It has been suggested that biofuels may be a possible substitute energy source, but the required land mass to achieve this is prohibitive. This can be illustrated by considering how fossil fuels such as oil were laid down in the earth’s crust and comparing that with how biofuels are produced. Fossil fuels are actually thousands of years of solar energy of an area captured as plants and organisms and concentrated by the process of fossilisation. In contrast, biofuels represent the captured solar energy of a land area over a single year. Although this is a renewable resource, in that the plants (such as sugar cane) can be grown on the same land year after year, the relative concentration of energy between biofuels and fossil fuels is so low that there is not sufficient land area to produce both biofuels and food for the global population (2). This is in addition to the problem with additional CO2 emissions associated with clearing forest for the planting of biofuels (3). A similar set of problems exists for each of the other possible substitute fuels such that there does not appear to be adequate scope for replacement (4).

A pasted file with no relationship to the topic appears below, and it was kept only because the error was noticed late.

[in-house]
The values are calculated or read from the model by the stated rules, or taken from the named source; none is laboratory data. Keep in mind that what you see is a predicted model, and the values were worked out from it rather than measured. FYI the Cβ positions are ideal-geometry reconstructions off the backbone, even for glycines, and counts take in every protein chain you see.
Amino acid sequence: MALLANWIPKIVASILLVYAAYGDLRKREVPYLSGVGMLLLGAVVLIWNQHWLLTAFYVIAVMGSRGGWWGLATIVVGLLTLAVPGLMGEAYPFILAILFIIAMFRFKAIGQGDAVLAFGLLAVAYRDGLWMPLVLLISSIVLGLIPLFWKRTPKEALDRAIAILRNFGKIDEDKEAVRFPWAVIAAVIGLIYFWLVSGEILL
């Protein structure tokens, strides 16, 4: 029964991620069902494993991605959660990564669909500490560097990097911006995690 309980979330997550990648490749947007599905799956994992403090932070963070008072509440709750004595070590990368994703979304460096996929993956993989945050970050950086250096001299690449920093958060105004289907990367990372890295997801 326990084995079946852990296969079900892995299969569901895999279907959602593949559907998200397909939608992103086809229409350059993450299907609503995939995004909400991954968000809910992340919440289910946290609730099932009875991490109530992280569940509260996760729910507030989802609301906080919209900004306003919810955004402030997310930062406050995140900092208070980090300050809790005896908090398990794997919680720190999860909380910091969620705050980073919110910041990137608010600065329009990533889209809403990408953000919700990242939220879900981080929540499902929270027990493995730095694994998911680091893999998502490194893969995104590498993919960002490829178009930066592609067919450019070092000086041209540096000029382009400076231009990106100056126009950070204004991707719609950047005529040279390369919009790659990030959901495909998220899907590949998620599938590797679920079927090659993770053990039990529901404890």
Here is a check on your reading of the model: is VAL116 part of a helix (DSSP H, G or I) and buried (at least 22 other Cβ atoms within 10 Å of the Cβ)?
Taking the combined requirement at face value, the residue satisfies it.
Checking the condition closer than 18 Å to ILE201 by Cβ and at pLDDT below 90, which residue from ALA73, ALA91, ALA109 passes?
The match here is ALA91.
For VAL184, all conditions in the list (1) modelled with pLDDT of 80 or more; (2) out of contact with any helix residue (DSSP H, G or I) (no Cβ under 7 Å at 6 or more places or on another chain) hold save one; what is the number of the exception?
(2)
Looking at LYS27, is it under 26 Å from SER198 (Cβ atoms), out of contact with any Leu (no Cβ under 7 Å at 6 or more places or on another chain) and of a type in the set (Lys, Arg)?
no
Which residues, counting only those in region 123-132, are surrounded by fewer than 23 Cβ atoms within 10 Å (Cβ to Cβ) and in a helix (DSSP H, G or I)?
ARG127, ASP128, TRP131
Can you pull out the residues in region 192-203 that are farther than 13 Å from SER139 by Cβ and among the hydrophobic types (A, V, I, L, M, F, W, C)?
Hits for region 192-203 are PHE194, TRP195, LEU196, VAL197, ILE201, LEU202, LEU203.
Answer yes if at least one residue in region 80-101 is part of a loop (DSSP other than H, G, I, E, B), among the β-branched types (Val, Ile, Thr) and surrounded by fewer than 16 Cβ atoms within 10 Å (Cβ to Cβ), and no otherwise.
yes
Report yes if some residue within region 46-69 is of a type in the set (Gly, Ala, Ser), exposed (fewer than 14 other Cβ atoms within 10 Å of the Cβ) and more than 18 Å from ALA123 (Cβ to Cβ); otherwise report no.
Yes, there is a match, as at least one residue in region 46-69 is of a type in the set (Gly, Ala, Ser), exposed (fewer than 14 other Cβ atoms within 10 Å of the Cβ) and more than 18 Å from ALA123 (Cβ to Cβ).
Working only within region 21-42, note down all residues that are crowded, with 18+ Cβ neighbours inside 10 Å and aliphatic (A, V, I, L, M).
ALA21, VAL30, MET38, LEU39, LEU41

The links between the economy and health

The recent growth in the Scottish economy is built upon several components with the export of financial services, tourism and retail expansion playing a prominent part. It is, therefore, an economy built upon global trade and can be expected to gain from international economic growth and suffer with international economic slowdowns (5). It is also the case that the globalisation of the international economy has been facilitated by the availability of cheap transport for trade. The coming gap between the demand for oil and its supply challenges this system and the economic processes underpinning it.

The precedent for the peak oil phenomenon is the Yom Kippur war and the associated OPEC oil production restrictions during the 1970s. At that time, conflict between Israel, Syria and Egypt led to sympathetic States in the Arab-dominated OPEC cartel restricting oil production to raise oil prices. A 10% drop in global production led to a greater than threefold increase in the price of oil (6). This had two main knock-on effects relevant to Scotland (and much of Western Europe). First, the rise in oil prices meant that the costs of production and transport became very expensive, leading to a balance of payments crisis, devaluation and deindustrialisation. Second, the higher price of oil meant that previously uneconomic oil reserves became economic and this promoted the development of the North Sea as an oilfield. In addition, the global recycling of petrodollars led to unwise investments in developing countries which, as a consequence, accumulated a large burden of debt. In short, much of our current debt crisis in poor countries has its origins in an oil crisis.